The title of First Minister in the Commonwealth of Columbia is generally given to the leader of the majority party, or to the leader of the largest party in a coalition. There are 15 First Ministers: the Prime Minister of the Commonwealth and the fourteen provincial Premiers. The Prime Minister is formally appointed by the Sovereign, either after a general election or following the resignation of an incumbent Prime Minister. The Premiers, meanwhile, are formally appointed by the Provincial Governors, who serve as ceremonial executives and representatives of the Sovereign.

The incumbent Prime Minister is Sir Joe Biden of the Progressive-Farmer-Labour Party, who leads a grand coalition together with the Liberal Democratic Party, the Progressive Conservatives, the Agrarian Progressive Party, and Solidarity & Justice. The Progressive-Farmer-Labour Party holds seven of the fourteen premierships, the Democratic People's Party holds four, the Progressive Conservatives hold two, and the Liberal Democrats hold one. Following the most recent elections, just three Premiers, Jack Harris, Luther Strange, and the Viscount Madigan, command electoral majorities.


Previous posts in the American Monarchy series:

The Second Biden Ministry (2018) (List)
Prime Ministers of the Commonwealth of Columbia, 1960-
The First Biden Ministry (1992) (List)
The Second Biden Ministry (2018) (Wikibox)
1990 Democratic Republican Coalition leadership election, seat 1 (Wikibox)
List of Presidents of the Federal Republic of California, 1960-present (Wikibox)
The First Biden Ministry (1992) (Wikibox)
2014 Lord Speaker election (Wikibox)
 
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These infoboxes are a strange "what if?" of mine. In this scenario, along with officially bringing Ireland into the Union in 1801, King George III also decided to bring the Electorate of Hanover into the kingdom. This creates the new United Kingdom of Great Britain, Hanover, and Ireland, which spans three monarchs (King George III (1801-1820), King George IV (1820-1830), and King William IV (1830-1837)) and 36 years.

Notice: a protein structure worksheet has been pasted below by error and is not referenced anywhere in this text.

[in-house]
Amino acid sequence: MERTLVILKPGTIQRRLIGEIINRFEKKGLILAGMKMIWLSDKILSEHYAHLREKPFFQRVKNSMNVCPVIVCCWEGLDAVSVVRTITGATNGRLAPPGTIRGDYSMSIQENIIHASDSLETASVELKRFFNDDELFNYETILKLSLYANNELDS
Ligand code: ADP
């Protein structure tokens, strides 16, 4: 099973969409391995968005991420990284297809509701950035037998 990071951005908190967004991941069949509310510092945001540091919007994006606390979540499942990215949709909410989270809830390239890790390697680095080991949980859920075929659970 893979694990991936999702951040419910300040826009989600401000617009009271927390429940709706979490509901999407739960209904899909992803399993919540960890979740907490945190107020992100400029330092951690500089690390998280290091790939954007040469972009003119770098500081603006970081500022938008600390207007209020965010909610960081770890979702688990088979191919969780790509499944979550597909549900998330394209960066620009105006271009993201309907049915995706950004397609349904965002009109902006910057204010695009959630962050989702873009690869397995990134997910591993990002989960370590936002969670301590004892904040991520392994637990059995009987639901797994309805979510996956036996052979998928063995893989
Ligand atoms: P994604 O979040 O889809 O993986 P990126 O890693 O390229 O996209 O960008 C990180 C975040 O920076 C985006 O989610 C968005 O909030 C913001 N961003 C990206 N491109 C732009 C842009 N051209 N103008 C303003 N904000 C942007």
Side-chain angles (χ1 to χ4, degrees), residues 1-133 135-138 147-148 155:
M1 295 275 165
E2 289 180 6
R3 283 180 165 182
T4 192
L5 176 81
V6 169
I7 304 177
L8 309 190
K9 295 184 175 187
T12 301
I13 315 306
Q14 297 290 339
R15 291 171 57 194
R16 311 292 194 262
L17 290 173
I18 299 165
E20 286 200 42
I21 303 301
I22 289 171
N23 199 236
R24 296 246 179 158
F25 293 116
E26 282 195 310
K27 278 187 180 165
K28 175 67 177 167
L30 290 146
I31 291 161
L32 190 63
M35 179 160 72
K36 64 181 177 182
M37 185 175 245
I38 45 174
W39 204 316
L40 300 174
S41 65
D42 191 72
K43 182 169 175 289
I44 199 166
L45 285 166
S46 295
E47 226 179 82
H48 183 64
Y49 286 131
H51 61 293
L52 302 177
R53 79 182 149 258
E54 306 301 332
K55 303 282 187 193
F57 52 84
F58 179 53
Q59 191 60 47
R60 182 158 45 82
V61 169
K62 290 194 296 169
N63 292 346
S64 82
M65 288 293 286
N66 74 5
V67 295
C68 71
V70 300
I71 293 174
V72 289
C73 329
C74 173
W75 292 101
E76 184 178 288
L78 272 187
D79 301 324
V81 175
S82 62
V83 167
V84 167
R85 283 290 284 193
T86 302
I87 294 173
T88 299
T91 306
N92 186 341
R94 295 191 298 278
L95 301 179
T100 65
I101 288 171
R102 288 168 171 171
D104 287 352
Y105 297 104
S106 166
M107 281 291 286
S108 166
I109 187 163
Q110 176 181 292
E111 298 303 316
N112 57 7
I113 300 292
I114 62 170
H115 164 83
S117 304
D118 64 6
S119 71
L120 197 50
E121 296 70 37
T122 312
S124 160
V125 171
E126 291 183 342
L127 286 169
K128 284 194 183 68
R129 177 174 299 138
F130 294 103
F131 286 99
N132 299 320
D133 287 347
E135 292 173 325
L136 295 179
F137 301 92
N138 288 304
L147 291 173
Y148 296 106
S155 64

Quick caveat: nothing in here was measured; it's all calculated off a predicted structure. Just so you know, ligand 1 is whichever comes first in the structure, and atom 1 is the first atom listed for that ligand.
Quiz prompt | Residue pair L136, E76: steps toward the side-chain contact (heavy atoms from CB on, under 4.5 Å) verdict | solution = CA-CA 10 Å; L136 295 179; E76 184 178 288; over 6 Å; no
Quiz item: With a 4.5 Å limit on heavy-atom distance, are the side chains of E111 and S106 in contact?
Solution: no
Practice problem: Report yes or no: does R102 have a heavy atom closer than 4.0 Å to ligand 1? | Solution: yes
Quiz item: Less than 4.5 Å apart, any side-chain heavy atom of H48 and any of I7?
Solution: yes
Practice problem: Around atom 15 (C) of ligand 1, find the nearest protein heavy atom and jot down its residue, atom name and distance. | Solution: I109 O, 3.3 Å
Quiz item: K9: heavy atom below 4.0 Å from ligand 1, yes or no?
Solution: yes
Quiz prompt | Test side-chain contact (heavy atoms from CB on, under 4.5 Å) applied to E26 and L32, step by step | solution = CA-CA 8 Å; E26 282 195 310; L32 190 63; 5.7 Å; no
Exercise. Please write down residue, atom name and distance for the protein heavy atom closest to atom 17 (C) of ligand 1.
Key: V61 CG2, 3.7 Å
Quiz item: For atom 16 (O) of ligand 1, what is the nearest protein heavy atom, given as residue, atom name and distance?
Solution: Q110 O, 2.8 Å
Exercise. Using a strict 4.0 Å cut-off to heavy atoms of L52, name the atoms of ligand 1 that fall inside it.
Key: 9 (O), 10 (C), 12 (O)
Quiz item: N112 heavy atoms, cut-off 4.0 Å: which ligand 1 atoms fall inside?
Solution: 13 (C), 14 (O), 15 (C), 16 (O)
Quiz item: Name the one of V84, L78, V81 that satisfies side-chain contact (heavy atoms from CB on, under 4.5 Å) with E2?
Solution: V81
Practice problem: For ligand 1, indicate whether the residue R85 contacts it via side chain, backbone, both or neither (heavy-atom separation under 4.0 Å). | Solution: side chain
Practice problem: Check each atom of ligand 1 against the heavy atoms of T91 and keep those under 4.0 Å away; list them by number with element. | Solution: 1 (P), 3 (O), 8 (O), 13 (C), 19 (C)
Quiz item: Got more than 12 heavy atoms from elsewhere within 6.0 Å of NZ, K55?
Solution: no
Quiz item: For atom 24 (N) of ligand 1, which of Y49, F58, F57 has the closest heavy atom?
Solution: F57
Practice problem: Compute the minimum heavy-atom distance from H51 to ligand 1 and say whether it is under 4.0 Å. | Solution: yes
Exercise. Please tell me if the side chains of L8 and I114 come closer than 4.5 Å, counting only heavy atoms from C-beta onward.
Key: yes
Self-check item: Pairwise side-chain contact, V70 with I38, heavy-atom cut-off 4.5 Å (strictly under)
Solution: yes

Following the death of King William IV in 1837, Queen Victoria becomes the new queen. However, with Hanover having semi-Salic law, which prevented females from inheriting the Hanoverian throne while a dynastic male was still alive. As a result, Victoria's uncle (and George IV and William IV's younger brother) Ernest Augustus became the new king of a new separated Kingdom of Hanover while Victoria would become the new Queen of the new United Kingdom of Great Britain and Ireland.
 
I don't think Hanover could secede using Salic law as an excuse after an Act of Union.

OTL it was just a personal union so different succession laws made it end quite normally. However in this ATL it would be a real political union. In which case Hanover would have to follow same succession law as the Britain.
Don't think it works. It would be very interesting to see integrated into the UK Hanover in the Spring of Nations and later in the era of German Unification.
 
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Here's my first attempt at posting an infobox here. It's a simple ideology infobox, and in particular it roughly corresponds to my own political views. It's nothing too extraordinary - a generic conservative ideology with some center-left tendencies in regards to economics, the environment, and social justice issues - but I thought it would be a good way to test out making wikiboxes in the future.
 
I don't think Hanover could secede using Salic law as an excuse after an Act of Union.

OTL it was just a personal union so different succession laws made it end quite normally. However in this ATL it would be a real political union. In which case Hanover would have to follow same succession law as the Britain.
Don't think it works. It would be very interesting to see integrated into the UK Hanover in the Spring of Nations and later in the era of German Unification.
The two infoboxes were just a fun but weird idea I've had in my head for a while, so don't take them too seriously my friend.

I do agree with you though on how a United Kingdom of Great Britain, Hanover and Ireland would fair in world affairs'. Would would the Napoleonic Wars look like and what's gonna happen when Napoleon and the First French Empire try to invade and annex Hanover into the French client state of the Confederation of the Rhine? What's gonna happen once German unification starts up decades later?
 
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Here's my first attempt at posting an infobox here. It's a simple ideology infobox, and in particular it roughly corresponds to my own political views. It's nothing too extraordinary - a generic conservative ideology with some center-left tendencies in regards to economics, the environment, and social justice issues - but I thought it would be a good way to test out making wikiboxes in the future.